“I saw him about once a week for more than three years and what was quite obvious was his considerable talent, rationale, curiosity and ability to think. What I also saw in him was a good person.”

But King began to develop difficulties with alcohol, sleeping and generally dealing with working at night. He left the company and moved to Wellington to do a journalism degree and produce more radio shows. But with personal issues including family bereavement to deal with, he was finally overwhelmed and hospitalised. There ensued a pattern common to many with mental illness who, like King, did not have a supportive family nearby at the end of a period of treatment in hospital. Without a place of further healing, the streets became home instead.

“You see the really ill people wandering the streets, picking cigarette butts from the ground. They’ve got dirt under their fingernails,” says King. “Mental illness at its worst can be people rifling through rubbish bins in the dead of night. It’s scary. I understand that. I don’t like those people … and I was one of them.”

King wanted to come out about his illness to make a concerted recovery and alter perceptions of the condition. Last year he worked on a Planet FM mental health radio show and during October’s Mental Health Week he held his first exhibition, MC’d a fundraising gig in Karangahape Rd and contributed these words to a poetry anthology:

This should not be my only option,

I will not live here; you must give me a room in the heart of life,

I will not survive under a bridge, at the dump, in a park,

at the margins in the dark.

I challenge you to come to me, to hold my hand, embrace my heart.

I challenge you to tell the truth, cast aside the angle, cut the hook, search for the marrow.


What: New Works by James King

Where and when: Depot Artspace, Devonport, to May 19 2011

“The Insatiable Moon”- a NZ Movie

I went and saw this movie on Sunday night. What a great movie it was too. Filmed around Grey Lynn and Ponsonby it is a movie based on the book by Mike Riddell. It is inspired by real experiences. At the heart of the film is a boarding house where ex psychiatric patients live, as the asylums have closed. Arthur, is one of these boarders. He says he hears the voice of God and that he is the second son of God.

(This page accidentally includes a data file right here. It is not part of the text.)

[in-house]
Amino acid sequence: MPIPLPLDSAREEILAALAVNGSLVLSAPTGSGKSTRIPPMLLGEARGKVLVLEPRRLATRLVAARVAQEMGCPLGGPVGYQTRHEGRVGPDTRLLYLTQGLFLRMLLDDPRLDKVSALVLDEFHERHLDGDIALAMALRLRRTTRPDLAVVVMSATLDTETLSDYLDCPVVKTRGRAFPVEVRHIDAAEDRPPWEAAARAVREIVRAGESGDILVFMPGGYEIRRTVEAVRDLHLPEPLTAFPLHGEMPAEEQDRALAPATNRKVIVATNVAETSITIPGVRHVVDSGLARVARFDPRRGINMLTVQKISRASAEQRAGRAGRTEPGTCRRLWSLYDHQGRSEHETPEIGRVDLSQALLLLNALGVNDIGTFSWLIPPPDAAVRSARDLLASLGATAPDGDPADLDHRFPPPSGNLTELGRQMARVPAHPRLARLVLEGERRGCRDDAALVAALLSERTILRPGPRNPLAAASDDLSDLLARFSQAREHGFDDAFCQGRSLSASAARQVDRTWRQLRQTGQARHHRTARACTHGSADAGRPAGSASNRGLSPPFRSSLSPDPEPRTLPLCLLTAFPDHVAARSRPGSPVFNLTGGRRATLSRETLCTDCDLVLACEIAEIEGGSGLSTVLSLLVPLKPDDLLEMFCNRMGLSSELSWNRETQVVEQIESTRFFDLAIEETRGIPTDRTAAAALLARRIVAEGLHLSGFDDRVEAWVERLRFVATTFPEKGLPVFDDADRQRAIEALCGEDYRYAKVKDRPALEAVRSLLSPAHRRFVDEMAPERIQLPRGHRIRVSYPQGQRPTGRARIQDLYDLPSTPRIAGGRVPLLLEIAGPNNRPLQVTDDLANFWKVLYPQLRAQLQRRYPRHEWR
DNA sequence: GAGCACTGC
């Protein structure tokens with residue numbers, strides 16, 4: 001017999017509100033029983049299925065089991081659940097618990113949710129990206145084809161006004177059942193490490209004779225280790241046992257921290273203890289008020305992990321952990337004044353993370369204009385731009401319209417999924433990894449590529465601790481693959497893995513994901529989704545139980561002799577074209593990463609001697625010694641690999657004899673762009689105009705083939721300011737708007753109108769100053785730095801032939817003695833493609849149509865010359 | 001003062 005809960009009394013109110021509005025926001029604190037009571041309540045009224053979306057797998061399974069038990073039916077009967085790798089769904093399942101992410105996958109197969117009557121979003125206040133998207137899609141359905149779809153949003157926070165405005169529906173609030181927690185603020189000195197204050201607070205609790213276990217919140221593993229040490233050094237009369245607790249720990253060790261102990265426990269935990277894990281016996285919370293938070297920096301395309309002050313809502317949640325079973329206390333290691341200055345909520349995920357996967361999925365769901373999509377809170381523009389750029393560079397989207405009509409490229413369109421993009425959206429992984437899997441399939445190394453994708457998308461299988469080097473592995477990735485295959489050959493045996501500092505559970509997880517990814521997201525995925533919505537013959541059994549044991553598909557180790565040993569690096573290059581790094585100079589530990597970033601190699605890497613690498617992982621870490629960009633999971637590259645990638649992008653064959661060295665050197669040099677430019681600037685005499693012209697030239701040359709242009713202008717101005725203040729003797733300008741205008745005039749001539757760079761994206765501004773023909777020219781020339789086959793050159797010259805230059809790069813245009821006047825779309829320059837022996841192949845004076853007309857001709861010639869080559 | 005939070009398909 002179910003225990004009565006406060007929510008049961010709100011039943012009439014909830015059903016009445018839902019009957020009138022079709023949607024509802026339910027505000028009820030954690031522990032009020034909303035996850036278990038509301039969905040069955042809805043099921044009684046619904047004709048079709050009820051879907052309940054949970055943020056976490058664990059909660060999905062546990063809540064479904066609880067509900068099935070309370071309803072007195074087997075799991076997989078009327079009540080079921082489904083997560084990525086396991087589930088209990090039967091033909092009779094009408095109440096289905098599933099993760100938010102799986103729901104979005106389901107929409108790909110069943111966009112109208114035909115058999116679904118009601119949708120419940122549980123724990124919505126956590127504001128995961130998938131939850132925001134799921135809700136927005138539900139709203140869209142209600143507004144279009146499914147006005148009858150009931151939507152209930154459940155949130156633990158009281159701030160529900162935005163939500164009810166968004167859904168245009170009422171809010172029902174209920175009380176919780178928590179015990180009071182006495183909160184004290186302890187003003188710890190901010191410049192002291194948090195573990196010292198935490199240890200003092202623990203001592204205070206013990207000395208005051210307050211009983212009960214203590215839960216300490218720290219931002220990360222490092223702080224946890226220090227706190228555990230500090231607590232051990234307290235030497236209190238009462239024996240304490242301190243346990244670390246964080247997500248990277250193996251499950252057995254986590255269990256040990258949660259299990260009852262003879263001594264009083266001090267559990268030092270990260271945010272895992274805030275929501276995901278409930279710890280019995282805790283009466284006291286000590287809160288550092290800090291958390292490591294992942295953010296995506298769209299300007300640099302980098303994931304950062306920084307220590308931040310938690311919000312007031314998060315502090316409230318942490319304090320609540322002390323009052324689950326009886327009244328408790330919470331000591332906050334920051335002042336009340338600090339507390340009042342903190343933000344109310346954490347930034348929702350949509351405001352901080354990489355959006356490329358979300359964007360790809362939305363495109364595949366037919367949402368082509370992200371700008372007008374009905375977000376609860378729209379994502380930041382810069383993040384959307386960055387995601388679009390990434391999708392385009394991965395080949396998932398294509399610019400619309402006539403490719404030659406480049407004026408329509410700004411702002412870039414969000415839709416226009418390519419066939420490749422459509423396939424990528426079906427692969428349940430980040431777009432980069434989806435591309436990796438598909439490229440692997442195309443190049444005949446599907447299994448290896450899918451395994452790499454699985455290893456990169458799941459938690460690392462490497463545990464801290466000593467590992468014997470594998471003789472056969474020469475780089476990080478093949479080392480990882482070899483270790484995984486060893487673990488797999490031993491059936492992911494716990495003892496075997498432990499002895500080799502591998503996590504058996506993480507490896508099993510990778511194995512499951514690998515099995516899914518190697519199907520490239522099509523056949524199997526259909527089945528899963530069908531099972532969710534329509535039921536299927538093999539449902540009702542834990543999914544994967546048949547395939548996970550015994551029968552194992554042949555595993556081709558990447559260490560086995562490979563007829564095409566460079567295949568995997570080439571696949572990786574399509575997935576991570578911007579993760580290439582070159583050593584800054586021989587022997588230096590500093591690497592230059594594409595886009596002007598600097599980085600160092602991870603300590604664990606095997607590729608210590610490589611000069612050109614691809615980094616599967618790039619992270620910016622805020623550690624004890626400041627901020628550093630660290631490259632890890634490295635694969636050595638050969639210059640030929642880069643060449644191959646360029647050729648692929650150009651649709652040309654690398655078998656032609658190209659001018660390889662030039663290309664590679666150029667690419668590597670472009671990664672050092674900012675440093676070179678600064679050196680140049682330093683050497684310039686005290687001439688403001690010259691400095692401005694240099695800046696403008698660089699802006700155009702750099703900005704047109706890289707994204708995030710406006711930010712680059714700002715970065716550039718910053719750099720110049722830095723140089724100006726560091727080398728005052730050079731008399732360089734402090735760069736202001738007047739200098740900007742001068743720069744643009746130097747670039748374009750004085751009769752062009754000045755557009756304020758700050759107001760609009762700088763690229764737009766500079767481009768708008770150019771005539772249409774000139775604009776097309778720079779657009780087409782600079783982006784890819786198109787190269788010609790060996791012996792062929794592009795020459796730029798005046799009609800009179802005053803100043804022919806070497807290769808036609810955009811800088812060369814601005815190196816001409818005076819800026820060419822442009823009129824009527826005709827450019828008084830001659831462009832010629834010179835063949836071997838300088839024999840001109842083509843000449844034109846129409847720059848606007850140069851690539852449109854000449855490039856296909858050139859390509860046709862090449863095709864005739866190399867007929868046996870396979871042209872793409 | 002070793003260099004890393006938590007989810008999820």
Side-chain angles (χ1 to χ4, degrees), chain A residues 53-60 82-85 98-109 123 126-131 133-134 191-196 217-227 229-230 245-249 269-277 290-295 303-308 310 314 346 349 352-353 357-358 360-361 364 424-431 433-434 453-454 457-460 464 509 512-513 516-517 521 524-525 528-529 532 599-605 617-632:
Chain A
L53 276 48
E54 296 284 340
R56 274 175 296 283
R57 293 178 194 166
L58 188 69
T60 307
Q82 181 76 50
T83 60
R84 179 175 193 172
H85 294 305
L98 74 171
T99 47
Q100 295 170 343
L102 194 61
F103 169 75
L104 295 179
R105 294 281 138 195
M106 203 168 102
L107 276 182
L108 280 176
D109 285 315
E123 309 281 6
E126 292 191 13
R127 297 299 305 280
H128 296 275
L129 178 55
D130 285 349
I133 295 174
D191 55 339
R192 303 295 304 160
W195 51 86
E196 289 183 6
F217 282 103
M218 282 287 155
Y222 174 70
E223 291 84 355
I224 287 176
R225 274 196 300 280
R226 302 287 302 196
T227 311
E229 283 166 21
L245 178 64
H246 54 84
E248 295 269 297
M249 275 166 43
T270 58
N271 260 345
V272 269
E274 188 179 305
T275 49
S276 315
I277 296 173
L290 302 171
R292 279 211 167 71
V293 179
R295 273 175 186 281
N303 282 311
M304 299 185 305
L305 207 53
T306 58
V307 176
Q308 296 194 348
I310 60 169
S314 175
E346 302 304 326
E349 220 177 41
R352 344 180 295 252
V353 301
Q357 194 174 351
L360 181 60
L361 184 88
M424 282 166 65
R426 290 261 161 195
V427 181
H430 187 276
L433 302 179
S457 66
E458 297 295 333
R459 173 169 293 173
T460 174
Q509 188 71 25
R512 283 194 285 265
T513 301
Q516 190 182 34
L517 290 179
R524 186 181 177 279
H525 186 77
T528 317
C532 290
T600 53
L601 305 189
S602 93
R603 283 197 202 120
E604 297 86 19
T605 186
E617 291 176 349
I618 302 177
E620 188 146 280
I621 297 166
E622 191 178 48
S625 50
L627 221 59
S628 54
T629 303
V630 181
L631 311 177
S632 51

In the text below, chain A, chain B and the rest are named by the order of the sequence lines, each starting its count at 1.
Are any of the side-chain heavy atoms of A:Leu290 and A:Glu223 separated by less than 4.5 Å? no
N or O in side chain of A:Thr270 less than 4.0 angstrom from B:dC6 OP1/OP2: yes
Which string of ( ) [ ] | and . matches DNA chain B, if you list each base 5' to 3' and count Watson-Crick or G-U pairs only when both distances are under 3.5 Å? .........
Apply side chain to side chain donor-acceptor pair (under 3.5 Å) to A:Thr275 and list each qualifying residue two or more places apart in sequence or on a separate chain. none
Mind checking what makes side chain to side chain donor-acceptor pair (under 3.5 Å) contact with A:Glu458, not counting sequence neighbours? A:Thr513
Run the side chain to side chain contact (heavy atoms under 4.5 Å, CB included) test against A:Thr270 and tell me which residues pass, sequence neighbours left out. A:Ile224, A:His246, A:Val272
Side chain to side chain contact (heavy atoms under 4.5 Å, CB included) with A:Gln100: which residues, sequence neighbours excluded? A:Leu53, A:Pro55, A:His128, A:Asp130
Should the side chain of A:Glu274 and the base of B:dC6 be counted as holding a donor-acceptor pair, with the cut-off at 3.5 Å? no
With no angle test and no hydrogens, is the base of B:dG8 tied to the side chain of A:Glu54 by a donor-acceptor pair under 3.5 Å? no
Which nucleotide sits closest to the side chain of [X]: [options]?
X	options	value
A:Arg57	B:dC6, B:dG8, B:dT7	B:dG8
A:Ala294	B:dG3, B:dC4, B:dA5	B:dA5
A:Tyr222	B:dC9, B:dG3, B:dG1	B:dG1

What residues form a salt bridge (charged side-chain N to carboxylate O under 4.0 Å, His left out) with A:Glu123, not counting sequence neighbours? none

A real gem. It is a film that has a very respectful way about it. Showing the importance of compassion in our material world.

You can see the review from the NZ Herald here here is an excerpt

And there were the twilight people: mainly men, they were the product of the new “community mental health” initiatives, unreliably medicated psychiatric patients living on benefits in the boarding houses that were a feature of the landscape.

Mike Riddell knows something of that demi-monde because he moved in it. A theologian by training, he was the vicar at the Ponsonby Baptist Church in Jervois Rd, a ministry in which he often rubbed shoulders with the psych patients. I recall a moving funeral service he conducted there for a childhood friend of mine, Alan Stimpson, a florid, gentle-giant schizophrenic who had taken his own life.

“People like Alan would have a social welfare grant to pay for their funeral,” Riddell recalls, “but it wasn’t enough. So we had an arrangement with an undertaker that he would lend us a coffin so we could put on a funeral and then they’d bury him in something more modest.

The Baptist system is a fairly miserable bloody denomination in some ways but the Ponsonby Baptist Church happened to be a group of people who were a bit more broadminded and interested in people. There was so much humanity and humour at those funerals. They were great.”